This Sundials for Starters appeared in The Compendium in December, 2005
by Robert Kellogg, Ph.D.
This is the start of a regular column to review the basics of Sundials. Of course NASS provides an introductory CD disk on sundials and there is always the classic reference Sundials, Their Theory and Construction by A.E. Waugh.
For this article, let’s consider some basics in buying a sundial for the garden. Or perhpas you want to make one. There are magazine catalogs and websites that offer “fine English dials”. But are they for you? Consider the latitude of an English dial. London is at about 51º north latitude, while most of the populated area of North America is below 45º. Take a look at the gnomon of your potential purchase. The gnomon should be approximately the same angle as you latitude. Here we’ll illustrate a dial (Figure 1) from the Naval Medical Center in Bethesda, Maryland with latitude of approximately 38º.
Make sure that the high side of the gnomon is pointed to the 12pm noon line on the dial plate. You’d be surprised how many store displays have the gnomon put onto its plate backward!
Many people assume that the dial face works for any latitude and all you need is the correctly angled gnomon. Get an English dial, correct the gnomon and have an elegant Southern Carolina sundial. Wrong. The dial plate is also made for a specific latitude. This reminds me of a mystery. At Tudor Place in Washington DC is an old sundial. It’s a horizontal dial about 16 in. square made of bronze, with a small gnomon located at the Peters house (now called Tudor House) built in 1805 and now open as museum to public. Years before this property was opened to the public, Peters brought this dial to Georgetown (now Washington DC) from Crossbasket Castle in Scotland, the family seat. The original gnomon was lost and a crude gnomon was made at an angle of 39°. Serle’s Ruler was used to determine the latitude of the hour lines on the dial plate. Scotland? Hardly. The dial plate hour lines have a latitude of about 48°, that of Augsburg, Germany. This dial was never able to tell correct time either in Scotland or Georgetown.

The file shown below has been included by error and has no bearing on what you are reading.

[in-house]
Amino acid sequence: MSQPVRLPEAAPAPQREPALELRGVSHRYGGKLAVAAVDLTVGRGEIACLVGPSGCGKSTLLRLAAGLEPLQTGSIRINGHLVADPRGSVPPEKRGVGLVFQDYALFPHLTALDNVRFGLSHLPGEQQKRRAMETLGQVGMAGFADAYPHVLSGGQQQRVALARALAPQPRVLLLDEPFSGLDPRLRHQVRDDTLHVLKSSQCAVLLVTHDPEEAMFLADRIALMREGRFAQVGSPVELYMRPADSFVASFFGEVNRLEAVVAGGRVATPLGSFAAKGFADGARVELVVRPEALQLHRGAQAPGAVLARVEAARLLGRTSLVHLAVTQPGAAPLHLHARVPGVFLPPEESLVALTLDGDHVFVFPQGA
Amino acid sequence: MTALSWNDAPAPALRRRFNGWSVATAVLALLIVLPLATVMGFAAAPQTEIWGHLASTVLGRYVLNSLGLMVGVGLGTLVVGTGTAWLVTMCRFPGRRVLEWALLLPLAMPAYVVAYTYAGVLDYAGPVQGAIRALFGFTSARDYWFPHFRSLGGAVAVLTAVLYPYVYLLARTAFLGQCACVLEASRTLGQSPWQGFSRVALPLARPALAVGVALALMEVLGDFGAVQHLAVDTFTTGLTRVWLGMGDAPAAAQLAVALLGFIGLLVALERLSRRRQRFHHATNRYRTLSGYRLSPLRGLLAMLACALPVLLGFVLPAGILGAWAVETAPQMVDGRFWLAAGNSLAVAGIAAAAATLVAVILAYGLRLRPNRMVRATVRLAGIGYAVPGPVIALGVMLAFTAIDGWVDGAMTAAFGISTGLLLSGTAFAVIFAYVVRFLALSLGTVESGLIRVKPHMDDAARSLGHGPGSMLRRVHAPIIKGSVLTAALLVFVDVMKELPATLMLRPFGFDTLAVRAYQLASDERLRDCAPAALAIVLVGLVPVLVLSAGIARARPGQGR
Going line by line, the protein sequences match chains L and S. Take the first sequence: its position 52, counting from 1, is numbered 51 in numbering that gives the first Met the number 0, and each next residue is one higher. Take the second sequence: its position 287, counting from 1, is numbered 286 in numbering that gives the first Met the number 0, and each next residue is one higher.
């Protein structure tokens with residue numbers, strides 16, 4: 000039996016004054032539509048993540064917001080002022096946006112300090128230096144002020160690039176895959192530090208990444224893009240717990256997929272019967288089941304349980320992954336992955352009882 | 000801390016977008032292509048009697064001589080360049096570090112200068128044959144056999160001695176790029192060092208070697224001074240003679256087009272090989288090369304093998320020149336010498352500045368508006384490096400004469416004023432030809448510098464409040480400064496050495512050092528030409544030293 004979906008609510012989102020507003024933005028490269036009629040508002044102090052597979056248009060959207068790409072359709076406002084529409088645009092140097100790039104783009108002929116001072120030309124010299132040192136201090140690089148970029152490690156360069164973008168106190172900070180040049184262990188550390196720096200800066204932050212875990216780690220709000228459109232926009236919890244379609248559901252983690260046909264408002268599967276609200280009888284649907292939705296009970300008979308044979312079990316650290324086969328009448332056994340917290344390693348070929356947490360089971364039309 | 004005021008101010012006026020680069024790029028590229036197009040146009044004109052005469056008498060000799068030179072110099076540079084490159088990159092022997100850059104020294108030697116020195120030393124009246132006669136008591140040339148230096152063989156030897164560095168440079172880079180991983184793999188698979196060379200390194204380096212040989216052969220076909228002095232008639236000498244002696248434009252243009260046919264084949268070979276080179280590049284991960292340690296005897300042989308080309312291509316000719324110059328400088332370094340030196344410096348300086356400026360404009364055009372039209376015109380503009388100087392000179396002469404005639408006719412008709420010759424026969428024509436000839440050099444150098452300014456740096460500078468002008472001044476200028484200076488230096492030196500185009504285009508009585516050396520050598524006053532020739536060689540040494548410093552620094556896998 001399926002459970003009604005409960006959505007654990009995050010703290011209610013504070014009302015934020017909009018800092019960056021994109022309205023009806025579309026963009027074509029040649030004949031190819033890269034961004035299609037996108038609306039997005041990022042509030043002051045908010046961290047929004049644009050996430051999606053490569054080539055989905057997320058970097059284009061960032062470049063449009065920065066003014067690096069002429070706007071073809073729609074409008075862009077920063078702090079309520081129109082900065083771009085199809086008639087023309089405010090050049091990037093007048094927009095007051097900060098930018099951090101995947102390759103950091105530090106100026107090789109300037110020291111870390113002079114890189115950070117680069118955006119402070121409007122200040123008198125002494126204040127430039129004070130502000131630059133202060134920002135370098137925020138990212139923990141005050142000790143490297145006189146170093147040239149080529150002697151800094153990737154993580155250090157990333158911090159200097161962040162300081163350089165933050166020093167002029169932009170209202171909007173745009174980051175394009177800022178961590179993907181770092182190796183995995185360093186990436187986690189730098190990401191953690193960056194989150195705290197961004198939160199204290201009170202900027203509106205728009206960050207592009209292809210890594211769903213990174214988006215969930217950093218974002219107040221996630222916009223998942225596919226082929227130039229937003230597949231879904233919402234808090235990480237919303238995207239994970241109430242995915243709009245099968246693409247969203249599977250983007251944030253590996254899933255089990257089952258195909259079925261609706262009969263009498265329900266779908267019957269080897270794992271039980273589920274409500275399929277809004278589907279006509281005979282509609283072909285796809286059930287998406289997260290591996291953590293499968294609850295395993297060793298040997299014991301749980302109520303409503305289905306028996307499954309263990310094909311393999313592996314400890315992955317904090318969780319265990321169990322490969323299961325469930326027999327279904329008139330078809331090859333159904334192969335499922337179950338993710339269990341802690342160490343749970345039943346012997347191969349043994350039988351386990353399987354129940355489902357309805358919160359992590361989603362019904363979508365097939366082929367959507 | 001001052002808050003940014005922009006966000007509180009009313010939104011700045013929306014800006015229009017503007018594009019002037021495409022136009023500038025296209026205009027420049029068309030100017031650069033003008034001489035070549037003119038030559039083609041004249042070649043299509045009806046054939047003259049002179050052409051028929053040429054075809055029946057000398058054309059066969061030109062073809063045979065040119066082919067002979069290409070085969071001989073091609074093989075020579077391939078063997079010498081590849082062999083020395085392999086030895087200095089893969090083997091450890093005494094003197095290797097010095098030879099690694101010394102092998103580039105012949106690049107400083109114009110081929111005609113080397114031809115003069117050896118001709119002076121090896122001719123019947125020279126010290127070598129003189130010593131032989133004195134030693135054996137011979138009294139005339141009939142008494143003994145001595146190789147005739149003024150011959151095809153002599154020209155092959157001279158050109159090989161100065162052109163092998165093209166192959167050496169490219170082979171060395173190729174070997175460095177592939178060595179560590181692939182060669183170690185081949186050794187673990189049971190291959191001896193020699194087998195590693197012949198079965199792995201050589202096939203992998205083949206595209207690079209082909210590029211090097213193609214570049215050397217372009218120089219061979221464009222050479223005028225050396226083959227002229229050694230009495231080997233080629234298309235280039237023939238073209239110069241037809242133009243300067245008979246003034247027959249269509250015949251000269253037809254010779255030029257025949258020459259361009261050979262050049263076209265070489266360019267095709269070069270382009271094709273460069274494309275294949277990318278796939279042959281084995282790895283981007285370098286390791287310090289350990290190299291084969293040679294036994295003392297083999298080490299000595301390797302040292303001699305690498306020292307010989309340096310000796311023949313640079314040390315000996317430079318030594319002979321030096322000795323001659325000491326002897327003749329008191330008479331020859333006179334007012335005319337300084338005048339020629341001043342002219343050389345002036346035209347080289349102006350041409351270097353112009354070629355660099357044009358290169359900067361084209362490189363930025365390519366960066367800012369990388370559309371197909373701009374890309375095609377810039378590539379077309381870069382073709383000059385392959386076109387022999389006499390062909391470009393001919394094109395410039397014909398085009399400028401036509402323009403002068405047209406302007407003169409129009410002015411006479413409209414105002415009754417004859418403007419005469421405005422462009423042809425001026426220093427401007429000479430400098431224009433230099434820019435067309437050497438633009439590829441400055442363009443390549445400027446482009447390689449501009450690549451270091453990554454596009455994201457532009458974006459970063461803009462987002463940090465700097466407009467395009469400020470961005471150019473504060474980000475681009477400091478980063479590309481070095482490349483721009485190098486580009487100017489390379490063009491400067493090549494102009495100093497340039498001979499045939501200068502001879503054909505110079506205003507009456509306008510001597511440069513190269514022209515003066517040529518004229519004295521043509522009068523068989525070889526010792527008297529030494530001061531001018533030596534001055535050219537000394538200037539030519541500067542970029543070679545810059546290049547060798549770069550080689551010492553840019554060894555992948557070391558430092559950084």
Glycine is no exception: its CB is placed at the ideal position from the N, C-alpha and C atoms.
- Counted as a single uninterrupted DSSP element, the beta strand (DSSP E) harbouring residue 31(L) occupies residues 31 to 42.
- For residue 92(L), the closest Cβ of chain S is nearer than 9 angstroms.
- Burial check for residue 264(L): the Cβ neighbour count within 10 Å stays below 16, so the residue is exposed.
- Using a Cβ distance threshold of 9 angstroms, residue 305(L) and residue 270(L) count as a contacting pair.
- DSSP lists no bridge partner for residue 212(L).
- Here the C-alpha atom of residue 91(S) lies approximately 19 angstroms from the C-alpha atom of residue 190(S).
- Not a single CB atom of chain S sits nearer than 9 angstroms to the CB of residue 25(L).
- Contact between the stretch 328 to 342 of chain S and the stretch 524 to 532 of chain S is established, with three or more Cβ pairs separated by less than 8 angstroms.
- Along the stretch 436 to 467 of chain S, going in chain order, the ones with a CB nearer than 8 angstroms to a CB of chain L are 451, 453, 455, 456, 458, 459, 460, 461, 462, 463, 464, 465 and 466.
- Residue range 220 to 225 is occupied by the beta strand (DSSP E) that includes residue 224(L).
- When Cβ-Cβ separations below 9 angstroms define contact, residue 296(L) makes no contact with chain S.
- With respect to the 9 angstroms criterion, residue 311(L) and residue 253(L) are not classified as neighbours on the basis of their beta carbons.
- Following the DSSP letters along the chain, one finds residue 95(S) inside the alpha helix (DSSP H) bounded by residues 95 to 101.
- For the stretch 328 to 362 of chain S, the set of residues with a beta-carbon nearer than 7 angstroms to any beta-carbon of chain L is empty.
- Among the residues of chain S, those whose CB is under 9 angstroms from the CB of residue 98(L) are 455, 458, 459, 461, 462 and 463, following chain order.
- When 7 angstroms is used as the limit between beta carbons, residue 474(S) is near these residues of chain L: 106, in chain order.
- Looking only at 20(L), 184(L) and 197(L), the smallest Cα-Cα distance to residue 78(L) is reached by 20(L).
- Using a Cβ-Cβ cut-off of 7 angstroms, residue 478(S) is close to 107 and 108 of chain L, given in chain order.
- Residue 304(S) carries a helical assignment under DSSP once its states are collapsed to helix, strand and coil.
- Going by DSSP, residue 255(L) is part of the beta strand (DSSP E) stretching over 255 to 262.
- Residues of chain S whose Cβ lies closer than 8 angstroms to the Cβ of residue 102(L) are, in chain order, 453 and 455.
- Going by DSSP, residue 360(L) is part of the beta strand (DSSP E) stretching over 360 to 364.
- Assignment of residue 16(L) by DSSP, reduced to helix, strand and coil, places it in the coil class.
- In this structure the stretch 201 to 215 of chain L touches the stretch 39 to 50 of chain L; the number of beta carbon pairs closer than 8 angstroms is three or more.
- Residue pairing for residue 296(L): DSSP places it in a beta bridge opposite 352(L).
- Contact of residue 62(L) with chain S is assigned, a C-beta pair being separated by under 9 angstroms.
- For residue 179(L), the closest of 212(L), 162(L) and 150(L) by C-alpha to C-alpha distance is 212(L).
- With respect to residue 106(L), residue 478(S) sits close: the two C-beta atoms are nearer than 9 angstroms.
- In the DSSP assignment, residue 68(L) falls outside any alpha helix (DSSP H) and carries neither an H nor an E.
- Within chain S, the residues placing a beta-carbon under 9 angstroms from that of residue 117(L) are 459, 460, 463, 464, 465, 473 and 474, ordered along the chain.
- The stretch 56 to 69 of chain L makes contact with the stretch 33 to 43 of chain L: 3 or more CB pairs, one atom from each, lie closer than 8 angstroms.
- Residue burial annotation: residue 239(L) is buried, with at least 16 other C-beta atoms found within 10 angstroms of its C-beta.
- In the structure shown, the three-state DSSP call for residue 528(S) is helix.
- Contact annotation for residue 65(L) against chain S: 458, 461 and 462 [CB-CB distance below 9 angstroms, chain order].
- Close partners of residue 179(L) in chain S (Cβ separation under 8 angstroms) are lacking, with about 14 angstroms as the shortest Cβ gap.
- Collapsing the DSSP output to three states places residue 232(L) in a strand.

Last year I had the opportunity to measure the Whitehall sundial in Annapolis, Maryland. The Whitehall house was constructed by Horatio Sharp, who arrived in Maryland from England in August 1753 to replace Governor Samuel Ogle, who had died in office the previous year. The dial itself was made in England by “Heath & Wing - Strand, London” specifically for the Whitehall estate around 1765. Measurement of the dial latitude at about 38º confirmed that it was made for the Chesapeake latitude, as shown in Figure 2:
A measuring instrument designed by George Serle in 1657 (who acknowleged the orgin to Samuel Foster) allows the easy recovery of the hour line latitude. Here is a modern day copy of the ruler Serle used to make sundials. At the end of this article is a downloadable imate of Serle's Ruler so you can print out a paper copy of the ruler and use it yourself lay to find the latitude of a sundial or create sundial hourlines for a dial of your latitude:
The hour scale is laid out between the noon hour and the 6pm hour lines as shown in Figure 2 of the Maryland dial above. The latitude scale is used to measure the distance from the gnomon foot to the intersection point of the hour line scale.Lastly, one more simple check of your sundial. If you draw a line between the 6am and 6pm hour line on the sundial plate, the line should just touch the foot of the gnomon as shown in Figure 4.
You can use your knowledge of sundial basics to make a good sundial purchase from a catalog or store, or you can become a sundial explorer, sleuthing bits of history by closely examining the gnomon angle and the corresponding layout of hour lines on the dial plate.